A few thoughts on U2’s deal with Apple

U2 and Apple made a big splash this week by releasing without warning (although there were a lot of rumours) their new album Age of Innocence for free on iTunes. Of course the album may be free for the consumer (and it allows U2 to claim their album is in the hands of half a billion people, even though most won’t listen to it), but Apple actually paid dearly for the album: 100 million dollars if the rumours are true.

According to Wikipedia, No Line on the Horizon sold a little over 5 million copies in the first 4 months of release. Now, Apple’s exclusivity on the new album is only for a month, and pretty much every artist sells less in 2014 than 2009, but let’s use these figures for simplicity’s sake (and lack of better ones).

Usual consensus is that an artist makes 1-2$ per album sold (once they recoup any label investment), but let’s assume that U2 has a golden contract and that they make 5$ per album sold. This means that their 5 million album sold would net them 25 million dollars. (According to Billboard, barely 200,000 actually downloaded the album from their iTunes library though). So in a widely optimistic scenario, Apple overpaid by 4 times for the privilege of offering the exclusivity. Of course, Apple benefits from U2’s prestige, and makes a big splash that gets them a lot of attention. Also Apple CEO Tim Cook announced the deal by saying that music was their passion, a sentiment that harkens back to the Steve Jobs era (the whole keynote was like that, even bringing back Jobs’ famous “one more thing” trick) at a time where people are wondering if the company can move forward without its late visionary leader. But you have to wonder what is the strategy behind this move, and if there is more to come in this partnership. An Apple pissed off a lot of people in the process, if Twitter is to be believed.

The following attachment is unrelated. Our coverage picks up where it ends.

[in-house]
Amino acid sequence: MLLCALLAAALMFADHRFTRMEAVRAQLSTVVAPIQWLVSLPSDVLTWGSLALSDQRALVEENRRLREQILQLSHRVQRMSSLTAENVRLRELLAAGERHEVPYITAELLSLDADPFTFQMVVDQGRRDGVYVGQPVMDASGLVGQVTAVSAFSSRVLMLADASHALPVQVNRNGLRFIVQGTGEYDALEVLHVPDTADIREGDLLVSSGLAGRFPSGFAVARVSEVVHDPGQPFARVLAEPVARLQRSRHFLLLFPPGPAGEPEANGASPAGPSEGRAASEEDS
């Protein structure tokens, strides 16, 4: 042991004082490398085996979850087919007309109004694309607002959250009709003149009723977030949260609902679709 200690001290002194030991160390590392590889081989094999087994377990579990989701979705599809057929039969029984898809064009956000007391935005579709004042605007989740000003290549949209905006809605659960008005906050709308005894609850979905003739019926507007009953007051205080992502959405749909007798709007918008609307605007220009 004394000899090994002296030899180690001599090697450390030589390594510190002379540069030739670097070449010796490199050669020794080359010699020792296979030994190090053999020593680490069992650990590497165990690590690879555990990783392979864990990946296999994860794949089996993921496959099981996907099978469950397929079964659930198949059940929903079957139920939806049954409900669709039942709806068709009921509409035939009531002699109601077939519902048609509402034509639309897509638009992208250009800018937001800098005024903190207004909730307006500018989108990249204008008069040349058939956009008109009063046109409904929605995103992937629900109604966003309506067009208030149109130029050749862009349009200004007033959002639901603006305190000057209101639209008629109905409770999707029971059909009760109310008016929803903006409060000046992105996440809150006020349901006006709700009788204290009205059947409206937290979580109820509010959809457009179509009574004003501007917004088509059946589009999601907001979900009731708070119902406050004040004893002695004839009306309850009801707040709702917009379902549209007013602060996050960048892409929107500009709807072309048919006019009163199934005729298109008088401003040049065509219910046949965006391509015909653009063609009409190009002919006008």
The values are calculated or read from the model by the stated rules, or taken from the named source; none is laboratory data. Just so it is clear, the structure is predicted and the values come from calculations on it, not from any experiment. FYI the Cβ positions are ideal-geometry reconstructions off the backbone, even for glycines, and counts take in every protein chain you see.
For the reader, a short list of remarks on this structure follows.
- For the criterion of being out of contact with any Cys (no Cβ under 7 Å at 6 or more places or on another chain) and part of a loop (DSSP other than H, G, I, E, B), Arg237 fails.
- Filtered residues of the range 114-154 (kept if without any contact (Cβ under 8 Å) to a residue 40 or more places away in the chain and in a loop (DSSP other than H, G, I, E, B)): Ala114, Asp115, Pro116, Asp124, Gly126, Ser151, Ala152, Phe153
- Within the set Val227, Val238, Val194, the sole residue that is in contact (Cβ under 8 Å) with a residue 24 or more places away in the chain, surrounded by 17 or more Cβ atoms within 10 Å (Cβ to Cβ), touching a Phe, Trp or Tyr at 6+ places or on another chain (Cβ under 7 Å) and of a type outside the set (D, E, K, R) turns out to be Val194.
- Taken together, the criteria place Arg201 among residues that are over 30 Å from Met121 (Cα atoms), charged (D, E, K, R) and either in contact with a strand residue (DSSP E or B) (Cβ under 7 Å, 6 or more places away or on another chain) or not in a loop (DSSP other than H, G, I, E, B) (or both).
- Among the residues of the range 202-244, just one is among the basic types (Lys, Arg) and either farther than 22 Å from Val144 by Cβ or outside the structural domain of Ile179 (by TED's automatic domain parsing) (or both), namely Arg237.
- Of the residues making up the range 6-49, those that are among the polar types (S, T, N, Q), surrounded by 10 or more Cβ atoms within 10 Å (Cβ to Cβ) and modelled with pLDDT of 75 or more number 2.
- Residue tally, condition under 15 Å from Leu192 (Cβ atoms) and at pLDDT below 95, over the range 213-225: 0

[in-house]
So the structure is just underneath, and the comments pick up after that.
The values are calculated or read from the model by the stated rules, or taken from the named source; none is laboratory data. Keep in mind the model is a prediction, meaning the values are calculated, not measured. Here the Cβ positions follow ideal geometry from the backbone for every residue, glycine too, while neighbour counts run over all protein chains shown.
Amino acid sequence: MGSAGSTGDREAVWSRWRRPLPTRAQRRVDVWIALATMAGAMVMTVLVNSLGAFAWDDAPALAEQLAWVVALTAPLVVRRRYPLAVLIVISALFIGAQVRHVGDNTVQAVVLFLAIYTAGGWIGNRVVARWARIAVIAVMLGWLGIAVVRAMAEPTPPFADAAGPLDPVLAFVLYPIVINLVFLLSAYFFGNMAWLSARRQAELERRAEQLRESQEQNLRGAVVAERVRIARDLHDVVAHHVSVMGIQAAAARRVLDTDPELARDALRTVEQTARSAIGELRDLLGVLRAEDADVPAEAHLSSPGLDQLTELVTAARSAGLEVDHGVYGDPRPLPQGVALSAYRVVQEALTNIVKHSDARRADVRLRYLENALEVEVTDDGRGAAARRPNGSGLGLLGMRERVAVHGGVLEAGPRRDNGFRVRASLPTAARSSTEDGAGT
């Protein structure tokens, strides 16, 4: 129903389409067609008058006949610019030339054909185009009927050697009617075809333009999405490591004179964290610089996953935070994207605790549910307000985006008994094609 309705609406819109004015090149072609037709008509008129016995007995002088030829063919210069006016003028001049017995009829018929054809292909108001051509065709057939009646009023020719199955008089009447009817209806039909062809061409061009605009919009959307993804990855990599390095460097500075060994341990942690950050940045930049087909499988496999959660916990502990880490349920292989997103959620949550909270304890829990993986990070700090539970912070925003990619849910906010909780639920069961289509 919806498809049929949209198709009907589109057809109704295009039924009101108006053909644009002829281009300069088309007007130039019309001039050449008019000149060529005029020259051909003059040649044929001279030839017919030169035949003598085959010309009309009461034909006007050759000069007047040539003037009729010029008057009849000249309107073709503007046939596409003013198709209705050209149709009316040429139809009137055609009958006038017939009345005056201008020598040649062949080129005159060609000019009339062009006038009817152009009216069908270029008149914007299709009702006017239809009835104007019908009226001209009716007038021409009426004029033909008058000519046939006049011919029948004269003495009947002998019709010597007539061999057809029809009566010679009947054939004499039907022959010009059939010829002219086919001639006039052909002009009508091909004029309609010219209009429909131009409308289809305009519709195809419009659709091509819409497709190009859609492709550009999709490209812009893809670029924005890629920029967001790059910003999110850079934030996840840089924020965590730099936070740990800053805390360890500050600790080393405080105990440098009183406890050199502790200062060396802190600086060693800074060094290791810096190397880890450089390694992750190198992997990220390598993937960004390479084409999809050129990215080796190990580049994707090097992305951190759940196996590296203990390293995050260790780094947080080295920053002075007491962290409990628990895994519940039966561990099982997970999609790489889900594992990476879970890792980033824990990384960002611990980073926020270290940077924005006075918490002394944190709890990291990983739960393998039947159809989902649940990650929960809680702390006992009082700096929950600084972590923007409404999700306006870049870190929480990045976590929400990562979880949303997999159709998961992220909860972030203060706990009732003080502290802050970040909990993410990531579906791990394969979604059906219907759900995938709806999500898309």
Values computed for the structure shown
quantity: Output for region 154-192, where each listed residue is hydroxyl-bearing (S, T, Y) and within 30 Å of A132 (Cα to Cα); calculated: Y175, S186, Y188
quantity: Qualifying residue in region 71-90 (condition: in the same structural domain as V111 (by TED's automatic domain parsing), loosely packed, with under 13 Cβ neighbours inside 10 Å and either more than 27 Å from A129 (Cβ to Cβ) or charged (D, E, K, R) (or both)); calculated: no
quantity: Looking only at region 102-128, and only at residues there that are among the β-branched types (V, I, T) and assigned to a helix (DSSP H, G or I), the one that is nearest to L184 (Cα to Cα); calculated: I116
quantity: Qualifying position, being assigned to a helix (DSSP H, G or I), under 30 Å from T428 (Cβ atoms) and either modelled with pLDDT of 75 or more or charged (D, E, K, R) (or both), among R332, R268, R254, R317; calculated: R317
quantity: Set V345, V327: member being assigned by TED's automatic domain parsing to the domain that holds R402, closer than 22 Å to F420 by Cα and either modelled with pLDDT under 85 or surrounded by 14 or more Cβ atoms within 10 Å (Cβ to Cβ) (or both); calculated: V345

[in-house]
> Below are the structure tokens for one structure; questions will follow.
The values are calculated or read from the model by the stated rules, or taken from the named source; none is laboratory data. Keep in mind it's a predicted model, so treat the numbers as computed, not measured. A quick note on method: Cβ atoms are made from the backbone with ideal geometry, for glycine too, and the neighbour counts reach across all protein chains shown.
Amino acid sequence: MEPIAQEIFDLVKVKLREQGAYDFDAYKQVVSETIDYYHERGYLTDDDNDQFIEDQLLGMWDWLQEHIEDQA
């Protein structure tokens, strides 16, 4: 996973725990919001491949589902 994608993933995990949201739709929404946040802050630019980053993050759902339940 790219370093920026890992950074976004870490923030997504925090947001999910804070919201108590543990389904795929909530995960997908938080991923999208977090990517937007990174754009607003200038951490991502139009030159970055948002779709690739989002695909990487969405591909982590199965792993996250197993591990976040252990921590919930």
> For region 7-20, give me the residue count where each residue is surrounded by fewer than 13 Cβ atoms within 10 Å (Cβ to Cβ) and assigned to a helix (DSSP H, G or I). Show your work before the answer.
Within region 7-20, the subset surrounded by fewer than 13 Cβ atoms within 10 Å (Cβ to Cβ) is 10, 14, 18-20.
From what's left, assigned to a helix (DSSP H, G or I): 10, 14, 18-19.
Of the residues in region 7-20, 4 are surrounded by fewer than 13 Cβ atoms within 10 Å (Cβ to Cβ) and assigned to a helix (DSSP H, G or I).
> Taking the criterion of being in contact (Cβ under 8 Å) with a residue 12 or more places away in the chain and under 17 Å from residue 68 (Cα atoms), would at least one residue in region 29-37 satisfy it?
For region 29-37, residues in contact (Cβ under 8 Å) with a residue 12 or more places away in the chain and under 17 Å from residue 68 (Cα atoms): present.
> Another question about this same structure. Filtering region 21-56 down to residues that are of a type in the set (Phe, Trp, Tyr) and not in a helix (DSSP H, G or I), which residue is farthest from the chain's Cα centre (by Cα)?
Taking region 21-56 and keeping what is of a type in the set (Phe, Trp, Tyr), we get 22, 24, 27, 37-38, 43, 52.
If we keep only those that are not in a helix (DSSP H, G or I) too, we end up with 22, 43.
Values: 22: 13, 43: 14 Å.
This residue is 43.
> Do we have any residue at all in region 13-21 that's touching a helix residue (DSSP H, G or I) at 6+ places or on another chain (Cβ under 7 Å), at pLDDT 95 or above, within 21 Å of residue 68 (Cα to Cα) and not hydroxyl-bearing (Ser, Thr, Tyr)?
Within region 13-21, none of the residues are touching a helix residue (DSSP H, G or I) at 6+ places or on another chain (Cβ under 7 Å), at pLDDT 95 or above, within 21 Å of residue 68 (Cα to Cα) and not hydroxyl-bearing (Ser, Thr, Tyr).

Bono’s not gonna like that last one.

On U2’s part, this is a brilliant move. They manage to get paid for an album that probably wouldn’t have sold that much (all things relative), and they manage to claim to relevance a little longer (sometimes it feels like U2 is famous for being U2 more than their music). If truly only 200,000 people downloaded the album, this has to be a huge blow to Bono’s ego though: even when being given the album, only 0.04% of people took it.

With the demise of the traditional label system, and the collapse of albums as a viable commercial product, bands are left trying to monetize their art as best as they can to survive. U2’s done a great deal, but a deal that’s only available to a handful of artists. The struggling artists trying to get heard are still looking for a way out of this. And U2’s just proven them one thing: the album is dead.

EDIT (16/09/14) This move pissed off so many people that Apple has now published instructions on how to remove the album from one’s library! Oops.

Jean-Frederic Vachon
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